Delusion plays an important role in all of what goes on, and serves up some of the best quotes. There is the delusion of Adolf Hitler, still trying to cling to belief in ultimate victory, and the delusion of those who accept every word he says as if it is Gospel. Magda Goebbels and the Hitler Youth apparently believe that life after the Third Reich will be intolerable. Fiinally there is the delusion of people like Trudl Junge, blind to all that is happening in the real world.
Hitler's delusion is revealed early in the film when he surveys a model of the Berlin he and his chief architect Albert Speer had dreams of building - a Romanesque Imperial capital:
- 'Speer, the bombing raids on our cities have a positive side. It's much easier to remove the debris than to tear everything down. Once we win the war, reconstruction will be completed very quickly.'
Speer remains silent. This is just two weeks before the end.
Heinrich Himmler, the Chief of the SS, sees that the cause is lost long before his master, yet is equally deluded about the future. He actually believes after all his actions as instigator of the holocaust that he will still be able to command respect for his position of authority when the war is over. He says to his adjutant Fegelein:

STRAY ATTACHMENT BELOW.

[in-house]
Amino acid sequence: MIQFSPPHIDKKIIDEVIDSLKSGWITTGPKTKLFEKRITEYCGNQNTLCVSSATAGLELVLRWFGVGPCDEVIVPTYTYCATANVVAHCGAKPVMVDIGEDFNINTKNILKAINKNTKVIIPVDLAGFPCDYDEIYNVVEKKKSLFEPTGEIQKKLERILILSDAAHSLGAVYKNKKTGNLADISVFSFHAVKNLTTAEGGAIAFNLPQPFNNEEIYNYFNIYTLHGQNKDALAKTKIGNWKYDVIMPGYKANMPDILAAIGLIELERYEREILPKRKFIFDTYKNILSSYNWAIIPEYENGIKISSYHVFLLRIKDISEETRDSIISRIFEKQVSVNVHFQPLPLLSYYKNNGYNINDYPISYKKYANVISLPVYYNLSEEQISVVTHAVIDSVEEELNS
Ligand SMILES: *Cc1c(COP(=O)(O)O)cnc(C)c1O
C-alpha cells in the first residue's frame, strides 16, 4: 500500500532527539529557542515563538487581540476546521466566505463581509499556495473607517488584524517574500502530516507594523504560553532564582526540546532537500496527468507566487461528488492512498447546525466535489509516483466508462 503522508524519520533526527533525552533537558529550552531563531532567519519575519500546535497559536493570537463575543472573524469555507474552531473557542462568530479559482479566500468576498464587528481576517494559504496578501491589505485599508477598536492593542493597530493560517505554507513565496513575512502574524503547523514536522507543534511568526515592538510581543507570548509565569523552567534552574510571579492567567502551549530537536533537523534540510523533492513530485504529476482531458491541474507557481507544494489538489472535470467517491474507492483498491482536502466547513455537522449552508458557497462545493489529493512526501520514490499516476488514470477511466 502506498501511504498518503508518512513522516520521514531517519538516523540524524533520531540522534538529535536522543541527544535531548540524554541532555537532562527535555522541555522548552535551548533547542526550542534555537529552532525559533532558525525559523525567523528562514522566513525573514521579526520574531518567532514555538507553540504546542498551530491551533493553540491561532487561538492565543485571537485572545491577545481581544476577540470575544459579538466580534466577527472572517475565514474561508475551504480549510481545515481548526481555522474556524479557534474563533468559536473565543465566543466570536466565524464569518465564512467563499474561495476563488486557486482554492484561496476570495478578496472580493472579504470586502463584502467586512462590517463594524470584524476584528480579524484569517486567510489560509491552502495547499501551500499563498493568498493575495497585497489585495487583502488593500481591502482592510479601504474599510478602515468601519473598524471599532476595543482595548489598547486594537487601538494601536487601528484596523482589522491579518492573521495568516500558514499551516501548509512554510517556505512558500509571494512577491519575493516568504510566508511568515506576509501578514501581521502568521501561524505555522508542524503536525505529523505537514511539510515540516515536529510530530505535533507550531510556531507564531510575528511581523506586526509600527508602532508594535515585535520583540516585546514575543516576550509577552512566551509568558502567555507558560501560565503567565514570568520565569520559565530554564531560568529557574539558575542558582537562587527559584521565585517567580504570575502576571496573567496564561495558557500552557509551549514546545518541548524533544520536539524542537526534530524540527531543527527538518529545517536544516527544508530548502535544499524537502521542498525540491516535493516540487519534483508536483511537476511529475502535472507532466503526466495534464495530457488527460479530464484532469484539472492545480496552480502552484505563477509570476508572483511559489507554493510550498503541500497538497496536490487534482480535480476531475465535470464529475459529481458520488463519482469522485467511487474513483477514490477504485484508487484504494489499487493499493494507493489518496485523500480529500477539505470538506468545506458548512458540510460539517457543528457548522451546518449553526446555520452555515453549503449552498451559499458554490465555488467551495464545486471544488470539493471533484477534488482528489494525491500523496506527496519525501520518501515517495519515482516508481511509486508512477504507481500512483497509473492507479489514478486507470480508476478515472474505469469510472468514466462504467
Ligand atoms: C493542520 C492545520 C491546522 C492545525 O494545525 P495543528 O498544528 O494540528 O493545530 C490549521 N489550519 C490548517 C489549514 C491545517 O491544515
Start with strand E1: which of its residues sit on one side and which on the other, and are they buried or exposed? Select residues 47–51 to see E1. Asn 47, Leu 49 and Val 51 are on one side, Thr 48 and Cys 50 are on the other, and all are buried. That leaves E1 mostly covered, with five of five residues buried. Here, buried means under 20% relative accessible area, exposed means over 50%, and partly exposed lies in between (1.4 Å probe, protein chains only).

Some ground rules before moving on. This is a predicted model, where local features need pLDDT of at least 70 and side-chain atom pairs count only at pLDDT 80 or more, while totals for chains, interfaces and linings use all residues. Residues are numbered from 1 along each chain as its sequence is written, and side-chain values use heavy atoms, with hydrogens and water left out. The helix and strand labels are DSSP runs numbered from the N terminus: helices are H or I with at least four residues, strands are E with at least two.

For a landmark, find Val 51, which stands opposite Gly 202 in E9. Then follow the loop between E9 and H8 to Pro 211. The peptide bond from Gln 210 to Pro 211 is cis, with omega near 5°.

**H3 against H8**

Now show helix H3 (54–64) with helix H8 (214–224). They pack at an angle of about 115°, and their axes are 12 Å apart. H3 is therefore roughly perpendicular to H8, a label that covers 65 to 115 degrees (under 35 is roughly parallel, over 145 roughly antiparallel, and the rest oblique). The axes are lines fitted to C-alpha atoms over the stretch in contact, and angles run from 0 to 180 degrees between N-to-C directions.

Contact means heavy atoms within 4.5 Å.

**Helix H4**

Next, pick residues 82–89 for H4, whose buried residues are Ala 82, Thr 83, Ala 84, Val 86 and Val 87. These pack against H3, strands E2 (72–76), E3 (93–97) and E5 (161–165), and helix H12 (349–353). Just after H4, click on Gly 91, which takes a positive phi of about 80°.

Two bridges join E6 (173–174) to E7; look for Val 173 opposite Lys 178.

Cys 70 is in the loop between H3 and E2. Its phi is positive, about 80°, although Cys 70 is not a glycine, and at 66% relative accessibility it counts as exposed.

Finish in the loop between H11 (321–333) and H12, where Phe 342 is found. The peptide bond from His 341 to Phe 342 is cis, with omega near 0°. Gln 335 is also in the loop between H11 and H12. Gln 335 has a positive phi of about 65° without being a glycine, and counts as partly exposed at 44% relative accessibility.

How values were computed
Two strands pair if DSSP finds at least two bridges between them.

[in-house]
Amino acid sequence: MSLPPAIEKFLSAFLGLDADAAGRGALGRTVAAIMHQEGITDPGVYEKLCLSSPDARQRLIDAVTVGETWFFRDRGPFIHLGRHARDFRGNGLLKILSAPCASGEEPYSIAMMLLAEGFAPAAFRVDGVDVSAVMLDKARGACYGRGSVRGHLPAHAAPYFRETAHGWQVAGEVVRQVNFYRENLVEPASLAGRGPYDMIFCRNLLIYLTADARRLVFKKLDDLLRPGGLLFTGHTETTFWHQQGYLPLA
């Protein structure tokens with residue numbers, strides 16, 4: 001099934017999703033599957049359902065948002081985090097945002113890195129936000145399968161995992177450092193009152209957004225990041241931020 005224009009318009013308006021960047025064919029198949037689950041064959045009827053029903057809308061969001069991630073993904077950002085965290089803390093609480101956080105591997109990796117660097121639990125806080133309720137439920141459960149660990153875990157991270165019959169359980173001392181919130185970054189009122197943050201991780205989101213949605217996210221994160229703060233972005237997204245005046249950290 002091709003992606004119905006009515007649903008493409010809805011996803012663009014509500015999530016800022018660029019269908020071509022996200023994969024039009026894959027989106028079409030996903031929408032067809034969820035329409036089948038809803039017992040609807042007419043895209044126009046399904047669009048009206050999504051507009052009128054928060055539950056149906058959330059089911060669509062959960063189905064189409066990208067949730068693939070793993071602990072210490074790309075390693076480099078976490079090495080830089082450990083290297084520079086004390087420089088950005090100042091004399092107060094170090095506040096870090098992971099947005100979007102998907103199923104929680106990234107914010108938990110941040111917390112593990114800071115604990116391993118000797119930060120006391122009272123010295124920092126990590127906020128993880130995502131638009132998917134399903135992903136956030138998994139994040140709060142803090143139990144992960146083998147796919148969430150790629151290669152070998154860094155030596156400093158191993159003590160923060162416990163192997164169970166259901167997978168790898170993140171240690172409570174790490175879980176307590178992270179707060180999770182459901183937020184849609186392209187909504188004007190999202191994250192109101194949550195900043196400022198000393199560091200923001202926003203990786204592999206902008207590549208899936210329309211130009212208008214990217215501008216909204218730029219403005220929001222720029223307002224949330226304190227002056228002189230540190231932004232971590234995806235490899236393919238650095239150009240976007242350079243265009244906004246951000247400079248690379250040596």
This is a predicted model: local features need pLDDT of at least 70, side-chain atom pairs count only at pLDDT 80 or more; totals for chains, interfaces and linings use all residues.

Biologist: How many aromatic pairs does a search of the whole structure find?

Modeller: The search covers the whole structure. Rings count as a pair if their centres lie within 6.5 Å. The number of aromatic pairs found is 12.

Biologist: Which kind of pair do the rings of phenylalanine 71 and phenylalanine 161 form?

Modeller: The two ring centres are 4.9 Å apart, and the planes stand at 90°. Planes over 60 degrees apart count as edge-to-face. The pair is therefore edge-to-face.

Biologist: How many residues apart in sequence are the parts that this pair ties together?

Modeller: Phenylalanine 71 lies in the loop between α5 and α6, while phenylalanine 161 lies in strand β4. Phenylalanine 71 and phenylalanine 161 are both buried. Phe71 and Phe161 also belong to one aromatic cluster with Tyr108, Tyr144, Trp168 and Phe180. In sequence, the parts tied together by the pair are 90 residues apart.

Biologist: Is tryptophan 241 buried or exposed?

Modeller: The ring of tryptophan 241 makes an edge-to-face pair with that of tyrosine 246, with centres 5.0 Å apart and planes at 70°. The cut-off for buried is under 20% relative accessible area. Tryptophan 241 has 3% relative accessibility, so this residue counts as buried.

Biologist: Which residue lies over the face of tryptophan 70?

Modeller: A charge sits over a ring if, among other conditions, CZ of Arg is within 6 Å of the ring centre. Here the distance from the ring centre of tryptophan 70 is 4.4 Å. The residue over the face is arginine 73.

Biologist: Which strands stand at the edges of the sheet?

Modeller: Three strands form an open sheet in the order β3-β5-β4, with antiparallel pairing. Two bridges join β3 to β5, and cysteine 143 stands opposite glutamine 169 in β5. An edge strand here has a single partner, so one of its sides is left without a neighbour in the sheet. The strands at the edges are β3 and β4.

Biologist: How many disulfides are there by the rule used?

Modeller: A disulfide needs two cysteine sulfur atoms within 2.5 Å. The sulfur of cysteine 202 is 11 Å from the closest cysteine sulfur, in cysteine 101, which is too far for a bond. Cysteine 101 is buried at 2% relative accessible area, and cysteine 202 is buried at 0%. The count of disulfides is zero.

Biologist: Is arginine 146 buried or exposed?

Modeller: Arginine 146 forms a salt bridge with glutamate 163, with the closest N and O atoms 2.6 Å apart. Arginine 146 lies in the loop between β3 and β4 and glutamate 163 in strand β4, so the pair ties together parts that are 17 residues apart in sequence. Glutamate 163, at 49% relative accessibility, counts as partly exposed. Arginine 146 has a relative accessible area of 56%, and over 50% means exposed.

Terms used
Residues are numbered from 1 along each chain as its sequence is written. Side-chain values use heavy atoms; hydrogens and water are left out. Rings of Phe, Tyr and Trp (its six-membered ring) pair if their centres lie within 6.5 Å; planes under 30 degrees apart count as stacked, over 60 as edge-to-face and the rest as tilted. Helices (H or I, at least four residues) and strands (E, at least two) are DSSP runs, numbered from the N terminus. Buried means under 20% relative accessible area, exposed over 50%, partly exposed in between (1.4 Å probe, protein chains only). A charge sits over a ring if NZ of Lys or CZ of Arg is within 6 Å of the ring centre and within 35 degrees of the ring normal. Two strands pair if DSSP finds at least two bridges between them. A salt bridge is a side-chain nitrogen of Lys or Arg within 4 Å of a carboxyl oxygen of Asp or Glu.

- 'They need the Nazi state and my SS to keep order after the war..... Give me an hour with Eisenhower and he'll agree. We're already in touch ..... Should I give Eisenhower the Nazi salute or shake his hand?'
Finally, one must turn to the Goebbels, and the most horrific act of all in the final days - the decision to kill their own children, rather than let them live in the World after Hitler. Frau Goebbels reveals her own delusions: